When a company can offer employees a meaningful reason to come to work every day, that engages employees in a way that attracts star talent and retains the talent you already have. But as Williams says towards the end of his blog, “Countries march into battle motivated by firmly held beliefs. If you model a set of meaningful, differentiating principles, the people in your firm will be willing to do the same.”

In other words, employees have to see their management bringing the vision and the values to life  in the day-to-day business. When you have that, then you have the  potential for harnessing the best work of the best people in pursuit of that vision.



Internalizing Your Corporate Values

Ensure your values are easy to understand and remember. It is a daunting task to take a leader’s vision for the company and narrow it down to a few things you want employees to use in making decisions.  On the flip side, if you want employees to use them, they need to be able to remember them. At Tribe, we recommend no more than three to five values written in language a third grader would understand.

Identify recurring occasions and communications to connect employees with the values. Values need to live outside of the poster on the break room wall. During planning meetings, think of opportunities to incorporate the values into existing internal communication pieces, company events or programs.  This could include a company event where the values are reinforced and celebrated to an on-going column in your corporate newsletter.

Designate values champions throughout the organization. Review your organization chart and identify middle-level managers in each department that have a passion and exemplify the values. Charge them with ensuring the values are included in internal communication pieces, events and programs. Ask them to recognize other employees that are using or living the values. Involve them in the reevaluation process of the values and reward them for the extra work and commitment they are giving to the company.

Integrate the values into your hiring and employee evaluation process. It is easy to say that your values are integral to your company’s success but to show employees the true importance you place on them, they need to be included in the hiring and evaluation process. A values based hiring process will ensure prospects will be able to live the values once they start. Include values based questions during the interview as well as a checklist for hiring managers to use to ensure the person exemplifies them. In the same token, incorporate your values into your evaluation process whether that is through a values overlay piece or modify the existing system.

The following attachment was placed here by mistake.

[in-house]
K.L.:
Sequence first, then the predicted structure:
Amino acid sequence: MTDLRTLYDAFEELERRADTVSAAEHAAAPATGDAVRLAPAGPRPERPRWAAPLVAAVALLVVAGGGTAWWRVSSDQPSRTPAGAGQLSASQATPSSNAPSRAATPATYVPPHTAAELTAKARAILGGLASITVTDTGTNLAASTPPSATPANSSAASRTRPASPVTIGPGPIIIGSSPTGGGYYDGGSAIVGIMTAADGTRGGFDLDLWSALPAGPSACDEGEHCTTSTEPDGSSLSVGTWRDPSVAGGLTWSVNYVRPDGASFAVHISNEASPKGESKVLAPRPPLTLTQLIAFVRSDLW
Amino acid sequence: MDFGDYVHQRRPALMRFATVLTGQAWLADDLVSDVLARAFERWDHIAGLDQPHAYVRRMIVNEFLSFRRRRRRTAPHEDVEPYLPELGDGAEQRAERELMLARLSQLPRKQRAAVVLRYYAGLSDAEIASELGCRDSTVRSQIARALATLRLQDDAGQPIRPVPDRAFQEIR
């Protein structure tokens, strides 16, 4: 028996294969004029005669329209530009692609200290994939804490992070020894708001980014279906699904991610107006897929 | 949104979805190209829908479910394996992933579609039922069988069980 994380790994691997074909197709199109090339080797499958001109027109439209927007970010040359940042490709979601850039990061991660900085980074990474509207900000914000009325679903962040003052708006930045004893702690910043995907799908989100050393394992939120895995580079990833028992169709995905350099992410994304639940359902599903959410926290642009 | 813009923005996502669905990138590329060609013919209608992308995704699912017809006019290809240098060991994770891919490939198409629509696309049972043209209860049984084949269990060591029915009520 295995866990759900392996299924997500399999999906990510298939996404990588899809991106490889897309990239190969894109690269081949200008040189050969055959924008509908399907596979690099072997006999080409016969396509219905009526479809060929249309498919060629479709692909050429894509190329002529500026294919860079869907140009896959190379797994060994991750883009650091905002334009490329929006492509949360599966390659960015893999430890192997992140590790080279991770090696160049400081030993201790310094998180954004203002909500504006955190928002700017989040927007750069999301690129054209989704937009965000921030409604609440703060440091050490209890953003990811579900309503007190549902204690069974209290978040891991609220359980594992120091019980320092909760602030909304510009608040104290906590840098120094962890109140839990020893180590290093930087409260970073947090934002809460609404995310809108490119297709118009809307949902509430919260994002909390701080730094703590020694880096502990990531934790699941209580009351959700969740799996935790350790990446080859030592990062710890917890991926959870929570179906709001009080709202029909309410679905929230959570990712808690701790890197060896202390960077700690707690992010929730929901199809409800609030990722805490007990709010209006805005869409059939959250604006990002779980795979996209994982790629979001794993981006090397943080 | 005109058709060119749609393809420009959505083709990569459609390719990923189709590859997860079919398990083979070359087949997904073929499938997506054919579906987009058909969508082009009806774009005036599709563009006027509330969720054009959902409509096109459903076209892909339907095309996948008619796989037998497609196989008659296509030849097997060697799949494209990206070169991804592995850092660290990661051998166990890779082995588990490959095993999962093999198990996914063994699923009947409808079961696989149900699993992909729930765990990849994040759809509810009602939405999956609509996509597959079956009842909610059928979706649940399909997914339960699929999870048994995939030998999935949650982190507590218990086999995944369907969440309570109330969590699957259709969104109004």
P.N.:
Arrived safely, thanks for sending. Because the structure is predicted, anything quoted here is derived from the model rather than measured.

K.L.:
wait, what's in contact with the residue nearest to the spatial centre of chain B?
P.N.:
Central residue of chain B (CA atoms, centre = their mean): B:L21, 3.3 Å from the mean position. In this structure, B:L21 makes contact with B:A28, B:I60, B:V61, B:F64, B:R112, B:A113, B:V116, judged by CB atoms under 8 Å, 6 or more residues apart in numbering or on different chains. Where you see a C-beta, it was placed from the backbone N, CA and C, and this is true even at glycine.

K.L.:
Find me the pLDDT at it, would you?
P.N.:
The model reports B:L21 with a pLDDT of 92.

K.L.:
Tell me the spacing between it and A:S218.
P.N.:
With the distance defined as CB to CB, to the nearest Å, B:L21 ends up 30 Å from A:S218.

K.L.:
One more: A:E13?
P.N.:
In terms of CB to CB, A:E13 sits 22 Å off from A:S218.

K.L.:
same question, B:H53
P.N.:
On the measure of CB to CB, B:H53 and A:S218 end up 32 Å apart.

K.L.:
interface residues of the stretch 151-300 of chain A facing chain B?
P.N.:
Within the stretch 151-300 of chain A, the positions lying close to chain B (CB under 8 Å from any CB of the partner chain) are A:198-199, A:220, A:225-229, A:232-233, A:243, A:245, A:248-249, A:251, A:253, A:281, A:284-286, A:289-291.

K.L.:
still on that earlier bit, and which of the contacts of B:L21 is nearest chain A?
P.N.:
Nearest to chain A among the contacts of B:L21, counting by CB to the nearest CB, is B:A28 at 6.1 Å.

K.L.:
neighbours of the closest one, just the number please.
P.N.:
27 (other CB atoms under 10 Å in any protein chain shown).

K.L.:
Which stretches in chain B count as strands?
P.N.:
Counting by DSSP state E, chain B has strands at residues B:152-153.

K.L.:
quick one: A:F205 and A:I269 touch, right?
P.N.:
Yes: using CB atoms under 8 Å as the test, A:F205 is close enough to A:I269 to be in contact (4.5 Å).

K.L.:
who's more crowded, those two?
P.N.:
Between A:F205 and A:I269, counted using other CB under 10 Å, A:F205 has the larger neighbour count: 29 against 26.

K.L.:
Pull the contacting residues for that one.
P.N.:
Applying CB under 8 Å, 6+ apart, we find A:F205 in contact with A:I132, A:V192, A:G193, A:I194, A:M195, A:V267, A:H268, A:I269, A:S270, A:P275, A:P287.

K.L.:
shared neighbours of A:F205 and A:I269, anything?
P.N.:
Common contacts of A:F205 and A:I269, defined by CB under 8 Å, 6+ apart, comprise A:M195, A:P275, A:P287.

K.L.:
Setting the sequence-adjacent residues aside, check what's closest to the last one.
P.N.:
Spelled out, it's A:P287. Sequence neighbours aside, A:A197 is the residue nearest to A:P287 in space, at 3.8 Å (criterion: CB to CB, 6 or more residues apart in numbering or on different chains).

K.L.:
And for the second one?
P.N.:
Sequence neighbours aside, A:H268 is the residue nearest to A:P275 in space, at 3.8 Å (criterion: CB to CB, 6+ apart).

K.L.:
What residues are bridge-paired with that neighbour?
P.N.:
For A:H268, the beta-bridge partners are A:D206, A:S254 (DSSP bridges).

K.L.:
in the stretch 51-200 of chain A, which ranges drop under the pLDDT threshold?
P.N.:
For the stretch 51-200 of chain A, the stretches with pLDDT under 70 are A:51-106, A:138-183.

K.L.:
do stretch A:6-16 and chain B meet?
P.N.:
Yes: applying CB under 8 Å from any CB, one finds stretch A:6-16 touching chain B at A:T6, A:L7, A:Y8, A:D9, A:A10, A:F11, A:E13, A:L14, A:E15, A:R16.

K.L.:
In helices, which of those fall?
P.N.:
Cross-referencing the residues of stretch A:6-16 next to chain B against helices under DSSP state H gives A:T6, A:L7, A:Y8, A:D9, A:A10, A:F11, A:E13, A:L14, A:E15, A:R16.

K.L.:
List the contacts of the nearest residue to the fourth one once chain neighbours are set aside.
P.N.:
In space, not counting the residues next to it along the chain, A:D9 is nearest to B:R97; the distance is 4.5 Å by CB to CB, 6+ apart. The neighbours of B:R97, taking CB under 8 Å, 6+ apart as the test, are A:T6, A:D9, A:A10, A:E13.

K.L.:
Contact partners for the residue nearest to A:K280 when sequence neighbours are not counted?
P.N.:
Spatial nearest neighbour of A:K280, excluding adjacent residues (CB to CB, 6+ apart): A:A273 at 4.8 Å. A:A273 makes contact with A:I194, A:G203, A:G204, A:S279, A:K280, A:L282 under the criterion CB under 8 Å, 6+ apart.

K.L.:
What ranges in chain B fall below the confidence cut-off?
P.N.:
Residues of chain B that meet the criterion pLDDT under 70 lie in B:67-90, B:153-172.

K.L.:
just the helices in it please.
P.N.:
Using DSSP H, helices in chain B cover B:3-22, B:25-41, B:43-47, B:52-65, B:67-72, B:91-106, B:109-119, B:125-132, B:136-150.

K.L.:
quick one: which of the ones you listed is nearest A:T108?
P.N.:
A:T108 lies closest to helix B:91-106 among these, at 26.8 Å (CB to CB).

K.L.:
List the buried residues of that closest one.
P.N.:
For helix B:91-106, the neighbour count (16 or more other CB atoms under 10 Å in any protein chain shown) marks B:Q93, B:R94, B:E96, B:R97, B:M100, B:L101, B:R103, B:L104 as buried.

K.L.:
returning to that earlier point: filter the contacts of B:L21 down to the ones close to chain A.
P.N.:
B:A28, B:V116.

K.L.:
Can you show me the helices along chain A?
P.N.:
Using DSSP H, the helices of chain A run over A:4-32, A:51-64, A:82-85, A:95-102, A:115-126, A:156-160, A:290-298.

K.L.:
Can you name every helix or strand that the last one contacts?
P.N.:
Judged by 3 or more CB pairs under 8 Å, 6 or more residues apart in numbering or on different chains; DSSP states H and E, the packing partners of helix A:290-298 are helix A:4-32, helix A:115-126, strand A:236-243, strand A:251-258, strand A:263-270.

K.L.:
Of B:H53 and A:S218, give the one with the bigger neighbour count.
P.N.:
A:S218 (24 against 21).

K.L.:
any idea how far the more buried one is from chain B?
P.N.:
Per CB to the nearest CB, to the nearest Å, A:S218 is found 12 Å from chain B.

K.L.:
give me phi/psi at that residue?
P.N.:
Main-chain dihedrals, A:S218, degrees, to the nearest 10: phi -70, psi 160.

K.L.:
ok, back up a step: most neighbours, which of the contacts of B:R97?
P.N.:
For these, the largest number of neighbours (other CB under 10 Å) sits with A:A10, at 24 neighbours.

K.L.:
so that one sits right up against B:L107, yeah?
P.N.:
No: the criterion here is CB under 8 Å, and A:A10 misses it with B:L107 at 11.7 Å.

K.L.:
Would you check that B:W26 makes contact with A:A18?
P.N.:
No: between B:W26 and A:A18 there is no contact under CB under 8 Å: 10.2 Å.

Have a great example or methodology of how to help employees internalize your values?  We would love to hear from you!

Evaluating Your Corporate Values

Developing your values is only the first step. An important job of any corporation is to define values that are reflective of your culture and what your company will not compromise to achieve your goals. Identifying values is only half the battle, as your organization grows and changes, your values should be continually assessed.

Size of the company does matter. The size of your company does impact how often you should evaluate your values.  For a smaller company that is experiencing a lot of growth and change, Tribe would recommend assessing your values every two to three years. For larger, more established companies, we recommend looking at the values every five years.

Assess your values if your company is experiencing a large change. Large changes such as a leadership shift, merger or acquisition are a good time to take a look at your values. A large swing in the economy is another opportunity. These large changes may alter your corporate objectives or how you work to achieve them, which could create a need for revised values.

Listen to customer and employee feedback. By reviewing employee surveys and customer reviews with your values in mind, you may realize that your values don’t match your customer’s and employee’s perceptions.  If what you say and what your employees believe isn’t aligning, you may need to take a closer look. Are your values a true reflection of who you are and who you want to be?

Does the idea of evaluating your values give you a headache?  Call Tribe, we would be happy to help.